It had been a long day, with endless lines of flu like illness. As a nurse I always anticipate the lines this time of year and try to focus on one patient at a time. And yet, that day, I was just glad the day was over. After work, I headed eagerly to the restaurant to meet my husband for a quiet dinner. We ordered our favorite meal on the menu and enjoyed a relaxing end to our day.
As we walked towards our car after dinner, I noticed the rain was engulfing everyone with splashes and puddles. In the corner of the parking lot, I noticed an older woman who appeared to have fallen in the rain. There were two people there lifting her off the ground, but at first glance it was apparent she had sustained many scrapes and bruises.
Without thinking, I just walked up to her and started evaluating her situation. I quickly learned she was an insulin dependent diabetic and had just had two total knee replacements. I asked her family’s permission to call 911 and stayed with her to monitor her vital signs until the emergency team arrived. When the paramedics did arrive, she grabbed my hand and thanked me for staying with her. With a tear in her eye, she smiled and waved goodbye as she was lifted on the stretcher. Now that I knew she was in good hands, I headed back home with my husband.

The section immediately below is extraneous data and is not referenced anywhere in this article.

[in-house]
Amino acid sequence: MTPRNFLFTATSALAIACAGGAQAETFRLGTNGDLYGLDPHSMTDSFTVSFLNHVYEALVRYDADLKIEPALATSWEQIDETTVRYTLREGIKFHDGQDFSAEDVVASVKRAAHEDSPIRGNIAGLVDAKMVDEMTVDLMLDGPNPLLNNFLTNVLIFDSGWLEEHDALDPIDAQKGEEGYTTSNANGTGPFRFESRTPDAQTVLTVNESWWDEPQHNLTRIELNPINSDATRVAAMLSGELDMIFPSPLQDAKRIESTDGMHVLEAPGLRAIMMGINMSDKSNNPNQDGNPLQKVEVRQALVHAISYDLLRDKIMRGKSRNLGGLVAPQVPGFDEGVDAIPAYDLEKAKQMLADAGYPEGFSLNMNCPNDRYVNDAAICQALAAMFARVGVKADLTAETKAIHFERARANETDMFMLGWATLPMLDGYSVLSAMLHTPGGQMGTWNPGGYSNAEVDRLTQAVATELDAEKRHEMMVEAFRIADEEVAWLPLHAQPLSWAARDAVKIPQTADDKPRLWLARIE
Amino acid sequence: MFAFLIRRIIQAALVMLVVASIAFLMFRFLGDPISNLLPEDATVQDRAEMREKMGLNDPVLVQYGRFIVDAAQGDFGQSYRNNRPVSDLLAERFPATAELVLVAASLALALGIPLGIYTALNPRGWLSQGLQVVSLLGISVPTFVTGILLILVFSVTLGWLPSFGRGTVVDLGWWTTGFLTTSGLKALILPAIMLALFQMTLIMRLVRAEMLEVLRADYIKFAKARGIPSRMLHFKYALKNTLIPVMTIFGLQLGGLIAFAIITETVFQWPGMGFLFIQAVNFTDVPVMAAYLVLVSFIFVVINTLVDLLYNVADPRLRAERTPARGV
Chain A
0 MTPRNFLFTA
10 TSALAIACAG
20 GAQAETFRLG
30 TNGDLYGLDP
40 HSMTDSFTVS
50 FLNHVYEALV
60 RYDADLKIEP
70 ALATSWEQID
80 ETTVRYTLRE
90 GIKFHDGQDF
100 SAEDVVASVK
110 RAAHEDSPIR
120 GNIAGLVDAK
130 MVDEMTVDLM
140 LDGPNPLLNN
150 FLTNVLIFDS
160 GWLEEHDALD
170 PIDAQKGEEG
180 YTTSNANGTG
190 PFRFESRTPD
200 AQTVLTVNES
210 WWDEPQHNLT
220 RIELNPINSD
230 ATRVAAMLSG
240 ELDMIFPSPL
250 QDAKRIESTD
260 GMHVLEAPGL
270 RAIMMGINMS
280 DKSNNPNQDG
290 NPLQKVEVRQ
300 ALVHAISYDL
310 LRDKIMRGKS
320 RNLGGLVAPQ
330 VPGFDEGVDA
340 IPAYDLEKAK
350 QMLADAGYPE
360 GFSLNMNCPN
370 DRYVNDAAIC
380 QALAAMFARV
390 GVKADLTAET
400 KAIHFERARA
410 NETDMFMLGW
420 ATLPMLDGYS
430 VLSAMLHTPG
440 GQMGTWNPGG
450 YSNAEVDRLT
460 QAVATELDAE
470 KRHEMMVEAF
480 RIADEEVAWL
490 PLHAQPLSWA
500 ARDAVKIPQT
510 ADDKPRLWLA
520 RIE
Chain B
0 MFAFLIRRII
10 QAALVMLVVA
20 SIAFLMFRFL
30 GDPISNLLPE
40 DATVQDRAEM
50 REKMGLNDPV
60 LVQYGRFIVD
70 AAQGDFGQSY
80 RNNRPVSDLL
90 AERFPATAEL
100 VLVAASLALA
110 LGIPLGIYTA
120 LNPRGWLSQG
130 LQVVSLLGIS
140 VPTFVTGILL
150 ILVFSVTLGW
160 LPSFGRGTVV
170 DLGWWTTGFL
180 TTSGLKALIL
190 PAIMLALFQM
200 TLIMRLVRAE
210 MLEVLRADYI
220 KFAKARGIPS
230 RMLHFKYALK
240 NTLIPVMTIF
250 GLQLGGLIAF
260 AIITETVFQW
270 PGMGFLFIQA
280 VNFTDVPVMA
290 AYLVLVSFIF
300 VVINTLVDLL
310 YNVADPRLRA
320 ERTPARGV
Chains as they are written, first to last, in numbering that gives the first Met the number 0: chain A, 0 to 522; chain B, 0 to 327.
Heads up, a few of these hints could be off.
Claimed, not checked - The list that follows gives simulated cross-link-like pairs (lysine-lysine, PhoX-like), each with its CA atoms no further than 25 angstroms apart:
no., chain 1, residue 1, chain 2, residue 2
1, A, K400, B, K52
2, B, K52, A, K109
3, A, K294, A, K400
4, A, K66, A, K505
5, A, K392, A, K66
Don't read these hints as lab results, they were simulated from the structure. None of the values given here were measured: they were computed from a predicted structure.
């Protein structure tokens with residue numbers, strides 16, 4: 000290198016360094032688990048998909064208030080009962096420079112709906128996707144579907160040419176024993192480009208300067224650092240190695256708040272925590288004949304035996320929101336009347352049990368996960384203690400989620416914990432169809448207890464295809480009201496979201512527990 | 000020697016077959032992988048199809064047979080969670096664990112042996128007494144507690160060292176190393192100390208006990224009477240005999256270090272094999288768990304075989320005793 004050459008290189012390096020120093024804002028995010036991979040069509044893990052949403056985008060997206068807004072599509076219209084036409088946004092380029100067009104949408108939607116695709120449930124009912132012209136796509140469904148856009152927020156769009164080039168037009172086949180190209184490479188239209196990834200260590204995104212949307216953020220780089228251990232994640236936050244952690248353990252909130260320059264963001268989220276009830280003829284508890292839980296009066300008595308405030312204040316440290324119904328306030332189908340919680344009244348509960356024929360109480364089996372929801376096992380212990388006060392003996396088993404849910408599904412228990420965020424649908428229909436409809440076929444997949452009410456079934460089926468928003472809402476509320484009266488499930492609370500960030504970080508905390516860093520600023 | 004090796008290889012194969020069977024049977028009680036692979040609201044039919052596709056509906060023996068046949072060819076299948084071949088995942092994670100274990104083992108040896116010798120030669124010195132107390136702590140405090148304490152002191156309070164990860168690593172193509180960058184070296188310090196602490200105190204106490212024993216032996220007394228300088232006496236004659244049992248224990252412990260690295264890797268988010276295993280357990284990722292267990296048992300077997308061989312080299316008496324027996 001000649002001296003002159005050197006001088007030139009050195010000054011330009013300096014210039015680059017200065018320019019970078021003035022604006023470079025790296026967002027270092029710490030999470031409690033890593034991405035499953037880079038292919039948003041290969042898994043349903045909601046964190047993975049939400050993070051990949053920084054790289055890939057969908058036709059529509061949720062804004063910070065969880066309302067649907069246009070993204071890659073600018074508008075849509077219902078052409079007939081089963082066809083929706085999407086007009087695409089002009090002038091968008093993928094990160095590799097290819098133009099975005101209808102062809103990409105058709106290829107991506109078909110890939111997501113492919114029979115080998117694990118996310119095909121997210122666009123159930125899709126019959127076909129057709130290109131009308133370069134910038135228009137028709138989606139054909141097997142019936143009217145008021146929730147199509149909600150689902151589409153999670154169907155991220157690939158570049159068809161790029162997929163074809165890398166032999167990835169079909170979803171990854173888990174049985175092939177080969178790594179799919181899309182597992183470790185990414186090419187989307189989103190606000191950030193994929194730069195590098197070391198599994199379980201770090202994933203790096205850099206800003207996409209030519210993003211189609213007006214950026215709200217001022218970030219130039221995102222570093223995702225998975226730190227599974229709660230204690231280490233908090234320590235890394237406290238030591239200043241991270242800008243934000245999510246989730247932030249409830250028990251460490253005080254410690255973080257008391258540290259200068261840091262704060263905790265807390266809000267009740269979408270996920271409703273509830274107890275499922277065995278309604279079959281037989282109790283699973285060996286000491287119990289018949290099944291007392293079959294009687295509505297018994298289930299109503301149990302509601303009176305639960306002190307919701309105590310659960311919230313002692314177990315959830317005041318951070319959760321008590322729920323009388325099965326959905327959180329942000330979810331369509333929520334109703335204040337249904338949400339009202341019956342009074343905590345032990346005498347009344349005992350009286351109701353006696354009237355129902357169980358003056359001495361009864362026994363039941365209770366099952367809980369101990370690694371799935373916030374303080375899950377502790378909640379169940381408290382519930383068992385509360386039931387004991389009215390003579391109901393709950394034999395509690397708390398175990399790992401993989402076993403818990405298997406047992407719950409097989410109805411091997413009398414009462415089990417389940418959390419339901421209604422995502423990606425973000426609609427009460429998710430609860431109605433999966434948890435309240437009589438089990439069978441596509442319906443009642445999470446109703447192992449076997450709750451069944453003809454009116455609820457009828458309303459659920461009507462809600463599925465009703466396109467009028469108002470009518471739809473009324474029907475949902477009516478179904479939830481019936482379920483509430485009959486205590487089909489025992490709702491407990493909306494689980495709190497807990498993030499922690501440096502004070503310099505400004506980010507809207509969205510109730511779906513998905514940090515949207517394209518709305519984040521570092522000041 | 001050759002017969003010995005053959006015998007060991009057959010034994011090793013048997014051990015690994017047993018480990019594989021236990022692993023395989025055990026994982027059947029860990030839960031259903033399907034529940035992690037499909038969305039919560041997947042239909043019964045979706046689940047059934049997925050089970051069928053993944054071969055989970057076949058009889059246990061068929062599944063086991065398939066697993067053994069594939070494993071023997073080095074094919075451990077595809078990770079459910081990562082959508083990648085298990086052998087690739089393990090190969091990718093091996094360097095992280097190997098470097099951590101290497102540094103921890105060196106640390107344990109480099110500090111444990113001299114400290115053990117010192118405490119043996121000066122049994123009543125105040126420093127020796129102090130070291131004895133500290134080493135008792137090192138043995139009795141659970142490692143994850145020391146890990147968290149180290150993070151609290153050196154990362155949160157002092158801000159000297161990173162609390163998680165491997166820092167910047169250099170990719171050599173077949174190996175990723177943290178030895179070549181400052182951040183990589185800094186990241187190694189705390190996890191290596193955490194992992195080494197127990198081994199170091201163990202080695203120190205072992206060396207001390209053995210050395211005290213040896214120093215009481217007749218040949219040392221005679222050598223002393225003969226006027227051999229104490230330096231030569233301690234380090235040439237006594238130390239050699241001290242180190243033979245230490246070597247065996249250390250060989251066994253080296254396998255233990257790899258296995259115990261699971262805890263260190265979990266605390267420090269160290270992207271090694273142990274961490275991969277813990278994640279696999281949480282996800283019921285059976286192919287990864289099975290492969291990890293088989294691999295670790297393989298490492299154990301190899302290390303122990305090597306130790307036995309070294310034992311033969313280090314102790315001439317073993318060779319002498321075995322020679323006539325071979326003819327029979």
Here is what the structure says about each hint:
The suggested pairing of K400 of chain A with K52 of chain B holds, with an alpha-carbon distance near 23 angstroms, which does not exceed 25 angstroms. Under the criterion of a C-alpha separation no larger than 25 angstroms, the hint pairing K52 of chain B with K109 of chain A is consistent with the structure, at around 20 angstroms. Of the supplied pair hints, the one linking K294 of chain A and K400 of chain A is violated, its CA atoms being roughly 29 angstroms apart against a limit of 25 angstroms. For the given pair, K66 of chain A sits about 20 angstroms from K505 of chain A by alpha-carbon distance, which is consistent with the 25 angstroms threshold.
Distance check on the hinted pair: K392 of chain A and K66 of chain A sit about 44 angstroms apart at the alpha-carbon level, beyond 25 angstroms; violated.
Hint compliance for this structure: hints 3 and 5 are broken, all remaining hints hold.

As we drove home, I realized we had not even exchanged our names. I thought about how only a few hours earlier I had been so happy to have made it through a long clinic day.
It strikes me that this is the difference between a job and career. Being a nurse gives me the joy of knowing that my job is about helping others – regardless of the setting I am in. Whether I am on or off the clock, nursing allows me to make a difference in the lives of others – one person at a time!